Video By Wall Street Journal

In the video “How Can Vegetarians Get Enough Protein?” by Wall Street Journal, WSJ contributor Heidi Mitchell and nutrition expert Dr. David Sears discuss the concerns many vegetarians have about getting enough protein in their diets. They touch on the obsession with protein in today’s society, the recommended daily intake of protein, and the myth of needing to consume a complete protein at every meal. Mitchell emphasizes that vegetarians can get their protein from sources such as whole grains and legumes, while Dr. Sears mentions the importance of vitamin B12 found in animal products. They also discuss protein bars and the lack of evidence supporting their effectiveness. Overall, this video provides valuable advice for both vegetarians and those interested in maximizing their dietary protein intake.

Many Americans who don’t eat meat worry about their protein intake, but this Wall Street Journal video offers reassurance and guidance. With insights from Heidi Mitchell and Dr. David Sears, viewers learn about the recommended amount of protein, complete proteins from plant sources, and the necessity of vitamin B12 found in animal products. They also address the misconception about protein bars and the need for more research on their benefits. This video provides clear information and helpful tips for individuals looking to get enough protein, whether they are vegetarians or not.

Protein Obsession

Protein has become a hot topic in recent years, with many people becoming obsessed with ensuring they consume enough of this essential macronutrient. With the rise of low-carb diets and the vilification of fats, protein has become the star of the show. But is this obsession with protein warranted, and how much do we really need? In this article, we will delve into the world of protein and explore the recommended daily intake, complete protein requirements, vegetarian protein sources, the role of rice and beans, the importance of vitamin B12, the protein content of cheese, the effectiveness of protein bars, and the vilification of carbs and fats.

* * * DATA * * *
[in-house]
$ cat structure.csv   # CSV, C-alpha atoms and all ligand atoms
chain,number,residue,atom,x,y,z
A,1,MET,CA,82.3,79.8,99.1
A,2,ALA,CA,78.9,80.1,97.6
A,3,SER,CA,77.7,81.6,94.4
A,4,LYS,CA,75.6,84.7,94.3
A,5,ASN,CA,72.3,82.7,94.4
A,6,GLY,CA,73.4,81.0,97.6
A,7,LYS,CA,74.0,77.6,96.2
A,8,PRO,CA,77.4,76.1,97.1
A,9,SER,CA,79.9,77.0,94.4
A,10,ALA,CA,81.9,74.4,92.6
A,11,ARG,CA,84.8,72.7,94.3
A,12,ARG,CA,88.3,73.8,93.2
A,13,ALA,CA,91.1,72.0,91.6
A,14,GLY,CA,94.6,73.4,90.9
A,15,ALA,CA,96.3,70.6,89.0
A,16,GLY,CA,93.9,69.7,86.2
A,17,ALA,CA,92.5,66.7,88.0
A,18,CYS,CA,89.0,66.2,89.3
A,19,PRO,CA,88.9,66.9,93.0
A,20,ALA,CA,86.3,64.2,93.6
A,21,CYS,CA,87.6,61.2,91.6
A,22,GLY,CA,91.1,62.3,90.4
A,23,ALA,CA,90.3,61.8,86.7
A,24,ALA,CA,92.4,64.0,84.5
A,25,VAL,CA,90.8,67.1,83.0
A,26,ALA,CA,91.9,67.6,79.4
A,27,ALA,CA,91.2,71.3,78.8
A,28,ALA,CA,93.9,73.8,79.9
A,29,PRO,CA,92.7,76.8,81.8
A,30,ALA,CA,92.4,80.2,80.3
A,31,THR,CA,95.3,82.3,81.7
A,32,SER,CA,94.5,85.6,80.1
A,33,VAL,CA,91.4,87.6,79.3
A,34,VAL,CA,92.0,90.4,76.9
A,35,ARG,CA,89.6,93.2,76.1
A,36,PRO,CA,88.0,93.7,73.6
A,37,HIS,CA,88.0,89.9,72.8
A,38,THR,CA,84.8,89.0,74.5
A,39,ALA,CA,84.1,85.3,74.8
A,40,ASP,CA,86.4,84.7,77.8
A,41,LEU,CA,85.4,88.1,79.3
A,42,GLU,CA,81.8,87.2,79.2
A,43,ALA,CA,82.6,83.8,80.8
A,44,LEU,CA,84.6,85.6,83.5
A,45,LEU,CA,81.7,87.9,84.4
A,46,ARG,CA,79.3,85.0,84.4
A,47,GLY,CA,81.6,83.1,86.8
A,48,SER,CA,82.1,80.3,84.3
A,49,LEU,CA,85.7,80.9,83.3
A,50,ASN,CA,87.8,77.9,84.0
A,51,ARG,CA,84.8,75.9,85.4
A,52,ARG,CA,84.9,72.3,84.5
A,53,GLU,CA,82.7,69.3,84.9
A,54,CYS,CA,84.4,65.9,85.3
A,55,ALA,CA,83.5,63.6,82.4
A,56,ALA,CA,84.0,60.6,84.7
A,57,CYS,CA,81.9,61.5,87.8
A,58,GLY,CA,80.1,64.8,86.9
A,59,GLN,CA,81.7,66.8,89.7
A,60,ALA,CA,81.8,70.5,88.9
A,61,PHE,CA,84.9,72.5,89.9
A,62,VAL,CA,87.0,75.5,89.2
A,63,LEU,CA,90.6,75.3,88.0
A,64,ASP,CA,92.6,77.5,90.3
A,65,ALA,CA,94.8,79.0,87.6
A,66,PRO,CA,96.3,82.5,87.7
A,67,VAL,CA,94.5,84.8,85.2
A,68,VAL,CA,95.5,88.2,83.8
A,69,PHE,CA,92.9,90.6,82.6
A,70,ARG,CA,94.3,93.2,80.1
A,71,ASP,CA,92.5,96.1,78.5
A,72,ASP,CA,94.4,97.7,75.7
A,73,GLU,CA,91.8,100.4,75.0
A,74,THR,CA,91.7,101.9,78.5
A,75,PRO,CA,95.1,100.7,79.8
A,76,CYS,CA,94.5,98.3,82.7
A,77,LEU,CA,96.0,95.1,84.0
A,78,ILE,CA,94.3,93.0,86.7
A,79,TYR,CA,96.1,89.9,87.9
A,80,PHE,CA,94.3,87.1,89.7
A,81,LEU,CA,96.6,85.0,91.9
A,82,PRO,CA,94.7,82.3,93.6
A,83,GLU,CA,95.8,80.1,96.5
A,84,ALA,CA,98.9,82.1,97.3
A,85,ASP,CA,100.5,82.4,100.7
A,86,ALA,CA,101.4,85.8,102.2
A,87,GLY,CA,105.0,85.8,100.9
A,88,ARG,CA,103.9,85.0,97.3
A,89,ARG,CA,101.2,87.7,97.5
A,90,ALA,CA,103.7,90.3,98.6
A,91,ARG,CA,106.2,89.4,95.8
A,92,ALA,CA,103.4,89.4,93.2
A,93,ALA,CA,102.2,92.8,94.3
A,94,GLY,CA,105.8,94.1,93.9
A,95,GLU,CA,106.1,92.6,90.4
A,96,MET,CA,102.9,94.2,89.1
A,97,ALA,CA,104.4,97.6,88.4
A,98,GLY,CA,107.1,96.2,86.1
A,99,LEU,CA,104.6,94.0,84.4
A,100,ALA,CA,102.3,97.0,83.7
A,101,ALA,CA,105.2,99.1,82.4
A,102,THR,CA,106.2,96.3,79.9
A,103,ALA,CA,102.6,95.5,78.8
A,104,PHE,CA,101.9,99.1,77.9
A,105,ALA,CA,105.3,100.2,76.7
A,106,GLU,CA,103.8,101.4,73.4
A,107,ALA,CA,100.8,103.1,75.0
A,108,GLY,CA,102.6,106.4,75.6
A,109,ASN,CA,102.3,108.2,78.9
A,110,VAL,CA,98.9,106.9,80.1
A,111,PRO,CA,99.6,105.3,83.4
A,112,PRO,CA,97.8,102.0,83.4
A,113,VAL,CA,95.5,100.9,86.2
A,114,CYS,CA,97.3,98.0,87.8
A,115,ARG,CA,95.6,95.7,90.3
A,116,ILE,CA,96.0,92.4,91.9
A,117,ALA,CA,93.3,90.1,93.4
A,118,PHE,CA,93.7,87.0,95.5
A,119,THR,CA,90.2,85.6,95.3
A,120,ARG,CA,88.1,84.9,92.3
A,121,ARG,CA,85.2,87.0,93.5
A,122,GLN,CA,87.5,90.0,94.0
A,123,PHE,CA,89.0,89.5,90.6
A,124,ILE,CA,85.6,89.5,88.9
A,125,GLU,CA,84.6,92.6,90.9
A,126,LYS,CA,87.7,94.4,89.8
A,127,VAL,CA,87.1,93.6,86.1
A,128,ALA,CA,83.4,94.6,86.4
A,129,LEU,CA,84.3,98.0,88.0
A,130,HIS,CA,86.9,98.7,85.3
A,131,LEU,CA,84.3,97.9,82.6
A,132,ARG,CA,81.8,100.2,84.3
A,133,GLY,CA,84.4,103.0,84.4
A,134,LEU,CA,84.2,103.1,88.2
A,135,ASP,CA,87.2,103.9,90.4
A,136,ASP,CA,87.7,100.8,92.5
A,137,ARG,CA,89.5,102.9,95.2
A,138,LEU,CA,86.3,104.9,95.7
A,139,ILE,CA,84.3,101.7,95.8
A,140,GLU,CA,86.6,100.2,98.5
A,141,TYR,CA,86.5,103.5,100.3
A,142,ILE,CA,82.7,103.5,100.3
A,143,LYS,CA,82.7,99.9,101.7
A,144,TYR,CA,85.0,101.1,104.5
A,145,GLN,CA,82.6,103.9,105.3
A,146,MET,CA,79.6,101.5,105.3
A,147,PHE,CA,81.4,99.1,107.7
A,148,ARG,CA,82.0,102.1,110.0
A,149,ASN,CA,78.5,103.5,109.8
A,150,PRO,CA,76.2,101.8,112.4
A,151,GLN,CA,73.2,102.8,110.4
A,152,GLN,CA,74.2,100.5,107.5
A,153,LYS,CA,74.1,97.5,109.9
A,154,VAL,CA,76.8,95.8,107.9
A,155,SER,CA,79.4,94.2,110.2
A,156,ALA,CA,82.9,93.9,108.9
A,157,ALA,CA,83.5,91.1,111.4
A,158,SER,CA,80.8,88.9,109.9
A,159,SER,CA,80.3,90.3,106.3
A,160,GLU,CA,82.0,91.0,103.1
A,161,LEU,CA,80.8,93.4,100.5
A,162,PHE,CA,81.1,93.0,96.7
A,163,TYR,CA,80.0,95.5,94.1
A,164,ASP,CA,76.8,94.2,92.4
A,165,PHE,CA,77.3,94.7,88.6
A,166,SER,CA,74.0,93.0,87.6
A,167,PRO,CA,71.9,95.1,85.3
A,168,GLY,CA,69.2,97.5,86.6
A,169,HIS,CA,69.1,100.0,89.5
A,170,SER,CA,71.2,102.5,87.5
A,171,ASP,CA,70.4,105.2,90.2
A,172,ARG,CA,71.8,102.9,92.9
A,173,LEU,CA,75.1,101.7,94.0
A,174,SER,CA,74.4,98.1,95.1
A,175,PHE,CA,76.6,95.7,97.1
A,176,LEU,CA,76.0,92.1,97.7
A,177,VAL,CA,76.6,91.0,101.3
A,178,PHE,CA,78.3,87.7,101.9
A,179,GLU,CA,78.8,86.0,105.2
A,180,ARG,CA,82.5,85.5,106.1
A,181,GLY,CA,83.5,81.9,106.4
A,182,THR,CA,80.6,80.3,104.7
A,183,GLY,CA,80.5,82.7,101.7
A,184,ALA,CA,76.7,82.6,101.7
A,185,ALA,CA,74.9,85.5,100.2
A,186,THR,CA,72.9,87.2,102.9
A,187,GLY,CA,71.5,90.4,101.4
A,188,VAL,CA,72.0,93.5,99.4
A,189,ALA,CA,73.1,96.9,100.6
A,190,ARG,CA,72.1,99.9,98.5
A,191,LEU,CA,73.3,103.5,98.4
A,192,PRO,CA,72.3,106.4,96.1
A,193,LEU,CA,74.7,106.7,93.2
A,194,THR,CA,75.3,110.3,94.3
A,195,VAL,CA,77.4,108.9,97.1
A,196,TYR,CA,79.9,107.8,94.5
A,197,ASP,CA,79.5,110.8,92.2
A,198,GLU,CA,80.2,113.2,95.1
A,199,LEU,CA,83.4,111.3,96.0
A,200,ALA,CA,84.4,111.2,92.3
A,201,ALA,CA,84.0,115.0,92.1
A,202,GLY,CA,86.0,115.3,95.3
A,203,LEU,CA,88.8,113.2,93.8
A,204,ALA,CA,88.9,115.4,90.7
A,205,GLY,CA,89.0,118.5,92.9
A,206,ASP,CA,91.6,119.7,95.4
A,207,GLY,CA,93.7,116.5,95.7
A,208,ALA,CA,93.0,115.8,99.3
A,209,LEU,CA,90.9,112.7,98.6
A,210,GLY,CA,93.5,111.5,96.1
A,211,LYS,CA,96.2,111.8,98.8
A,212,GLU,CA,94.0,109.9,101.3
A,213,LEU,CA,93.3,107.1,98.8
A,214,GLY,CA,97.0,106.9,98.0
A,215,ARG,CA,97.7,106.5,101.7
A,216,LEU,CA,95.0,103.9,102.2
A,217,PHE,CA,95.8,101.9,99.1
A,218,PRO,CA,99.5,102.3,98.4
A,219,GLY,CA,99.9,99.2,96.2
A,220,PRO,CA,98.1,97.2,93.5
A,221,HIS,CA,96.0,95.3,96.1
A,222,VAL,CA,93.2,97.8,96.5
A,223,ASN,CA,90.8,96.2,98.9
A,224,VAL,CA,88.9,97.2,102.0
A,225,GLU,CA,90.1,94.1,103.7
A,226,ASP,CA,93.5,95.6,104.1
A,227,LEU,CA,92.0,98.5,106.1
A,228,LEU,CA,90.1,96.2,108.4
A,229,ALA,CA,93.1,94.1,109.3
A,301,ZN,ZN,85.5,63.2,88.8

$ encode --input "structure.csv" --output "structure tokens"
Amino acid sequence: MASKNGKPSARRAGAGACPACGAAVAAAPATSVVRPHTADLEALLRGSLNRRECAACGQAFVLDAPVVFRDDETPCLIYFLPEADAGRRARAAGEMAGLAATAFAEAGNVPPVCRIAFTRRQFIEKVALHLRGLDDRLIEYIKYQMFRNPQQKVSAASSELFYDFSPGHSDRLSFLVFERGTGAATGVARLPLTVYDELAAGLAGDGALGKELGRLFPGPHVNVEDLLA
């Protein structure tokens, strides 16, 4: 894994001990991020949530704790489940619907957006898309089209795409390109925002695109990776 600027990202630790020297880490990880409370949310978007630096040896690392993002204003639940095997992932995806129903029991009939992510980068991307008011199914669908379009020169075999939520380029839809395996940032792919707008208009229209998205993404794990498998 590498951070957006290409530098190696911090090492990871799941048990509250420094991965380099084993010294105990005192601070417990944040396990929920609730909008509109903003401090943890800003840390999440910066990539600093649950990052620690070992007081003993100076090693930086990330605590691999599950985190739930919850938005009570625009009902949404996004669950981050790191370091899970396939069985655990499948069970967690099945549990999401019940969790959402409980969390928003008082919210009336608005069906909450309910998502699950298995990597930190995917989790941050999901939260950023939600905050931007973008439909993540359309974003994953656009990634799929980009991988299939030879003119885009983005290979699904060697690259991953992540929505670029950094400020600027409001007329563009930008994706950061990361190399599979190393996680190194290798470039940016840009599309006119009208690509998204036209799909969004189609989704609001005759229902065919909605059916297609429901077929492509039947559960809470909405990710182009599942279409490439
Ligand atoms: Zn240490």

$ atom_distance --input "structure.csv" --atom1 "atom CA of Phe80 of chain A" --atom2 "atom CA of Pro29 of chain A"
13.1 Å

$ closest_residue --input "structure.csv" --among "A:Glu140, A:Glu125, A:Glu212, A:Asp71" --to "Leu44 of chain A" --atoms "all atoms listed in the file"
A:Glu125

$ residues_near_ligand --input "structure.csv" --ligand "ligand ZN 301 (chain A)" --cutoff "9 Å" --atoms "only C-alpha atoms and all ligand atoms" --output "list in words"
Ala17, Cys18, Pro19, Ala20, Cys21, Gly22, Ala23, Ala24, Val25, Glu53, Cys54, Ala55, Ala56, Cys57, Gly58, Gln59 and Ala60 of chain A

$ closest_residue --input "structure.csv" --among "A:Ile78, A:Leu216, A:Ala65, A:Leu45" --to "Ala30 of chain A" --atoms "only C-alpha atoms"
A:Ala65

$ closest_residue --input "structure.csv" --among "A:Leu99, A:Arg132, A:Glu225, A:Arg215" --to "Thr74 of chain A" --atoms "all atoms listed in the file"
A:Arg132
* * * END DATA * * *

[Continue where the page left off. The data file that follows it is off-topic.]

Recommended Daily Protein Intake

The recommended daily protein intake for an average adult is approximately 0.8 to 0.9 grams of protein per kilogram of body weight. This means that a person weighing 150 pounds would need around 55 to 60 grams of protein per day. It’s important to note that this recommendation may vary depending on an individual’s specific needs, such as age, activity level, and overall health.

Complete Protein Requirements

There is a common misconception that one must consume a complete protein at each meal or even every day in order to meet their protein needs. However, recent research has debunked this myth. Consuming a variety of plant-based proteins throughout the day can provide all the essential amino acids needed to build and repair body tissues. For vegetarians, incorporating rice, beans, and grains into their diet at various points ensures the consumption of a complete protein.

Video By Wall Street Journal

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Sources of Protein for Vegetarians

Vegetarians have a variety of options when it comes to obtaining sufficient protein in their diet. Whole grains, legumes (such as beans), and plant-based protein sources like tofu and tempeh are excellent choices. Nuts, seeds, and certain vegetables also contain protein and can be incorporated into meals and snacks. It’s important for vegetarians to focus on consuming a diverse range of these protein sources to ensure they are getting all the essential amino acids their bodies need.